For most of us, all of our lives we have associated watts with the brightness of a light source. After all, when we change a light bulb at home, we choose a 100-watt bulb if we want more light than we can get from a 60-watt bulb, don’t we? That is because the luminous efficiency (efficacy) of both bulbs is similar. Efficacy is another way of saying “lumens per watt.” Since a typical household incandescent lamp produces about 12 to 17 lumens per watt, using a higher-wattage lamp will produce more lumens (in other words, more light) than its lower-wattage cousin.
Light output, however, is measured in lumens and not watts. Realizing that a watt is a measure of power consumption and not of light output helps us to understand the difference in efficiency of various types of light sources. For example, only a small portion of the watts consumed by an incandescent lamp produces light. Most of the power is inefficiently wasted as heat. That was how the original toy EZ Bake Oven that was around when we (or our parents) were children could use the heat from a common 100-watt light bulb to bake brownies.
But not all light is created equal. Newer light sources are more efficient, producing more lumens per watt (lm/W) and less heat. Compact Florescent Lights (the “curly-que” CFL lamps that are gradually replacing incandescent bulbs in our homes) can produce anywhere from 45 to 75 lumens per watt. These lamps require less power per lumen, and as a result, produce the same amount of light as a typical incandescent while creating less heat and consuming fewer watts. They are not good for baking brownies, however.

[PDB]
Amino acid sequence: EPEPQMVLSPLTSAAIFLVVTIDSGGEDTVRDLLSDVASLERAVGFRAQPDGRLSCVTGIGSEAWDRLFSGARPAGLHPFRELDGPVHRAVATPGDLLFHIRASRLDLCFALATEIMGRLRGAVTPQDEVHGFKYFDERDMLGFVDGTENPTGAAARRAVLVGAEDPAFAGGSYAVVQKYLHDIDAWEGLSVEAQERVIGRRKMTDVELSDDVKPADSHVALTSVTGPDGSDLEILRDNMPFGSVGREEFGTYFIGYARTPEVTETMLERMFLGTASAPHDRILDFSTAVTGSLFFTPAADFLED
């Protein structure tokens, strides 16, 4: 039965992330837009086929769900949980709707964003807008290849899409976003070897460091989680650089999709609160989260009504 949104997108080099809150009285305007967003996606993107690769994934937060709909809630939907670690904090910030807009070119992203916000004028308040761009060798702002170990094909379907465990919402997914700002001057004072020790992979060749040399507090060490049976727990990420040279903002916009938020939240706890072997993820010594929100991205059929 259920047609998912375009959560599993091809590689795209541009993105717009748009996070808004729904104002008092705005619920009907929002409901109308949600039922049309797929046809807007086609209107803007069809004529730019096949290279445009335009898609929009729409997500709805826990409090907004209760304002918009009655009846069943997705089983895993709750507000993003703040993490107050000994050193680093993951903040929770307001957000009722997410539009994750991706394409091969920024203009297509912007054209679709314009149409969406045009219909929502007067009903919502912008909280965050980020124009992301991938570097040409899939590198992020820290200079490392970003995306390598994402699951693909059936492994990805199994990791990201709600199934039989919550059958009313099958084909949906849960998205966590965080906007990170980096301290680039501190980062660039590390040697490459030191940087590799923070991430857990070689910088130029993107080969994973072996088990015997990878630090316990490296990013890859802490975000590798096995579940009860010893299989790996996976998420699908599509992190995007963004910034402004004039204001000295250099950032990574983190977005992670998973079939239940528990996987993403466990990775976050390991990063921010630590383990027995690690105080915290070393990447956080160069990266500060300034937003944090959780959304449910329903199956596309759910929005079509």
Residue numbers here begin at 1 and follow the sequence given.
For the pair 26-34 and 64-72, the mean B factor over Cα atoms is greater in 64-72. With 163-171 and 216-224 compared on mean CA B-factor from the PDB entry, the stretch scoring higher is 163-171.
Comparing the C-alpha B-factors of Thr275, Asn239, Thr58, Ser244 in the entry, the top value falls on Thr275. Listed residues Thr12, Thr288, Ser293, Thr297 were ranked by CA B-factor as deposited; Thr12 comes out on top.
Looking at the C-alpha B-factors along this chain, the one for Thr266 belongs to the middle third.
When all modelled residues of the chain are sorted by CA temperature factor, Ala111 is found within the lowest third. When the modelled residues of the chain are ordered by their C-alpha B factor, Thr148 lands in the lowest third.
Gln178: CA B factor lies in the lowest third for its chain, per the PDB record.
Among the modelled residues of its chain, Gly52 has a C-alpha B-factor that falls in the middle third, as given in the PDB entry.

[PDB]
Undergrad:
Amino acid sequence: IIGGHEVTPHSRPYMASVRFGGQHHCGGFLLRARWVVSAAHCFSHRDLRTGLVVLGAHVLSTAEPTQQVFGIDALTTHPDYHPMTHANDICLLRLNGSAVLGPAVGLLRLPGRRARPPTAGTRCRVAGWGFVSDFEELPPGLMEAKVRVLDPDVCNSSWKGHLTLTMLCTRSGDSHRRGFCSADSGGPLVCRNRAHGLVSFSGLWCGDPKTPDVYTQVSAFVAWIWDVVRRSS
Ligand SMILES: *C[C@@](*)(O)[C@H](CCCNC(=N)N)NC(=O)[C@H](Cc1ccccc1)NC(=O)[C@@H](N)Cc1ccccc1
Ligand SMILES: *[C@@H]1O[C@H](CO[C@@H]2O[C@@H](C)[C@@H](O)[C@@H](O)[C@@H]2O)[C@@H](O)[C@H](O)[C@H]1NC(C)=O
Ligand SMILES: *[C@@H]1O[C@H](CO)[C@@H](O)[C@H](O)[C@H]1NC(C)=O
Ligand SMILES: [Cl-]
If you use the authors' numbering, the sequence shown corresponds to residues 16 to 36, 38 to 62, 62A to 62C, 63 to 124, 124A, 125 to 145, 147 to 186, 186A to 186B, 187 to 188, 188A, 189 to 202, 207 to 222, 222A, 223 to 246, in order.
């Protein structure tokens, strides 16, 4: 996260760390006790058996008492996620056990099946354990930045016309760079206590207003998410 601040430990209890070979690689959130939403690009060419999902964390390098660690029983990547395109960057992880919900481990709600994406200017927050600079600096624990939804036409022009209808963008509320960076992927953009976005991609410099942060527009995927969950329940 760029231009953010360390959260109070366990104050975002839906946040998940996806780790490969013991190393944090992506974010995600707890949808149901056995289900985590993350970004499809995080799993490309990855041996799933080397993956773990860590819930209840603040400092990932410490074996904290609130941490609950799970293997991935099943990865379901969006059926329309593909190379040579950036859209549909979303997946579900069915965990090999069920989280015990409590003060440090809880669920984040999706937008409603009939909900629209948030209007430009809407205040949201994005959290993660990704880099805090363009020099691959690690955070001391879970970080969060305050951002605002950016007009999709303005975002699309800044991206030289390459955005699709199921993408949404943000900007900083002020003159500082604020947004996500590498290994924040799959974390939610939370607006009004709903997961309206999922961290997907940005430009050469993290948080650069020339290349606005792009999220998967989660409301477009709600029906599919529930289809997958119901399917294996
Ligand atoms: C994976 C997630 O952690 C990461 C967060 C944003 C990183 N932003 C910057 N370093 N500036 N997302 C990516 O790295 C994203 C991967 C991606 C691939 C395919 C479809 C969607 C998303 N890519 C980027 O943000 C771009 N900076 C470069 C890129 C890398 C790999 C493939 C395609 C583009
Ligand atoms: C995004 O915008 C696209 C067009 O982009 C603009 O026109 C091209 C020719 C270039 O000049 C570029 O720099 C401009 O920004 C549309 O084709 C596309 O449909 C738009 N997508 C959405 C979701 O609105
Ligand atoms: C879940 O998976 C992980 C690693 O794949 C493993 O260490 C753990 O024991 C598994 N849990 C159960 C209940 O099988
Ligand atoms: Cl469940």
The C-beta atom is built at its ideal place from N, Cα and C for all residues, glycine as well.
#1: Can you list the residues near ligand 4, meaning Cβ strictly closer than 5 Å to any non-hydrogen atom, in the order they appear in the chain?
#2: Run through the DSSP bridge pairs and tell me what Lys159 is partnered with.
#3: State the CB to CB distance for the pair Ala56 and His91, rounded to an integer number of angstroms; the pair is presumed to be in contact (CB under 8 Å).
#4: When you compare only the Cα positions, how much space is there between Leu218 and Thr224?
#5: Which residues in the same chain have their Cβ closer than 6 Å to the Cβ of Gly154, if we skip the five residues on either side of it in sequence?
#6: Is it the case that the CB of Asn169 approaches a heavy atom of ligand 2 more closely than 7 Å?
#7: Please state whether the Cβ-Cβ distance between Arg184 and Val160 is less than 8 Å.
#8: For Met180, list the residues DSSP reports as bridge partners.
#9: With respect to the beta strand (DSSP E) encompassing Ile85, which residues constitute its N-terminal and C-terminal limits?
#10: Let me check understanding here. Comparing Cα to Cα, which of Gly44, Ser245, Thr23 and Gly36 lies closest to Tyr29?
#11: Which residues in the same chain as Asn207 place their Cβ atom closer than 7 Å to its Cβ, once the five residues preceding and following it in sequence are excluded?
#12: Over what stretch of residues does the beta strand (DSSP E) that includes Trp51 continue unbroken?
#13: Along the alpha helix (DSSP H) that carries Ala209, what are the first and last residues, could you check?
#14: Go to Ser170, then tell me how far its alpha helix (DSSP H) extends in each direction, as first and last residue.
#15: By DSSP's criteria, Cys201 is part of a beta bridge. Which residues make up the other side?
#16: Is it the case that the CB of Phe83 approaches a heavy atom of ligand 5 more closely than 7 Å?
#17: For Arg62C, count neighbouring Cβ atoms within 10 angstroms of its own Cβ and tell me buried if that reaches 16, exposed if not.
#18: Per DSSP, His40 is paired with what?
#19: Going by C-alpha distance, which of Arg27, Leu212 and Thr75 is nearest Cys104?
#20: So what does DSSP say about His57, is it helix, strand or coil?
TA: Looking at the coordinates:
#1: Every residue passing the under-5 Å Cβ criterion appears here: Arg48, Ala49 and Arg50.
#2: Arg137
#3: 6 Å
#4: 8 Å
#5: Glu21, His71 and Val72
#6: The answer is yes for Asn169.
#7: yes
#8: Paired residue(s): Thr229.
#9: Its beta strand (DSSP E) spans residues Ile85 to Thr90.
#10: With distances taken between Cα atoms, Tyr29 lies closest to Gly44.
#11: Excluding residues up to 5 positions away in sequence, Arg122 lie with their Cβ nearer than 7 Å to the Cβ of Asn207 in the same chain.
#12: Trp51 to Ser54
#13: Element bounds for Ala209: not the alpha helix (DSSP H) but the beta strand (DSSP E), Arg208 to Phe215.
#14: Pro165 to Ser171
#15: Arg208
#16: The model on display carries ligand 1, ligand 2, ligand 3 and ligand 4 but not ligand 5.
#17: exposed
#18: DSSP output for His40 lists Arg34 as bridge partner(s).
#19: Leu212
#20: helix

Moving up the scale from our living rooms to our outdoor worksites, today’s diesel generator-powered portable light tower trailers typically use metal halide lamps that have an even greater efficacy of 110 to 120 lm/W. Since the goal is to illuminate the greatest possible area, and to create enough light to safely and efficiently perform the work at hand, most light towers use four 1,000-watt metal halide lamps producing 110,000 lumens each (110 lm/W), or even four 1,250 watt lamps at 150,000 lumens each (120 lm/W), to accomplish this task. In comparison, it would take over 350 100-watt incandescent light bulbs (consuming over 35,000 watts!) to equal the 600,000 lumens produced by one light tower with four 1,250-watt metal halide lamps.
What does all this mean? Before you buy your next light tower, ask what the lumen output of the lamps is. Remember, watts are a measure of power consumption, not of light output. Bottom line, your customers rent a light tower because they need light. Make sure you’re asking the right questions to get the light tower and lighting production your customers need.
Doug Dahlgren is director of marketing with Allmand Bros. Inc.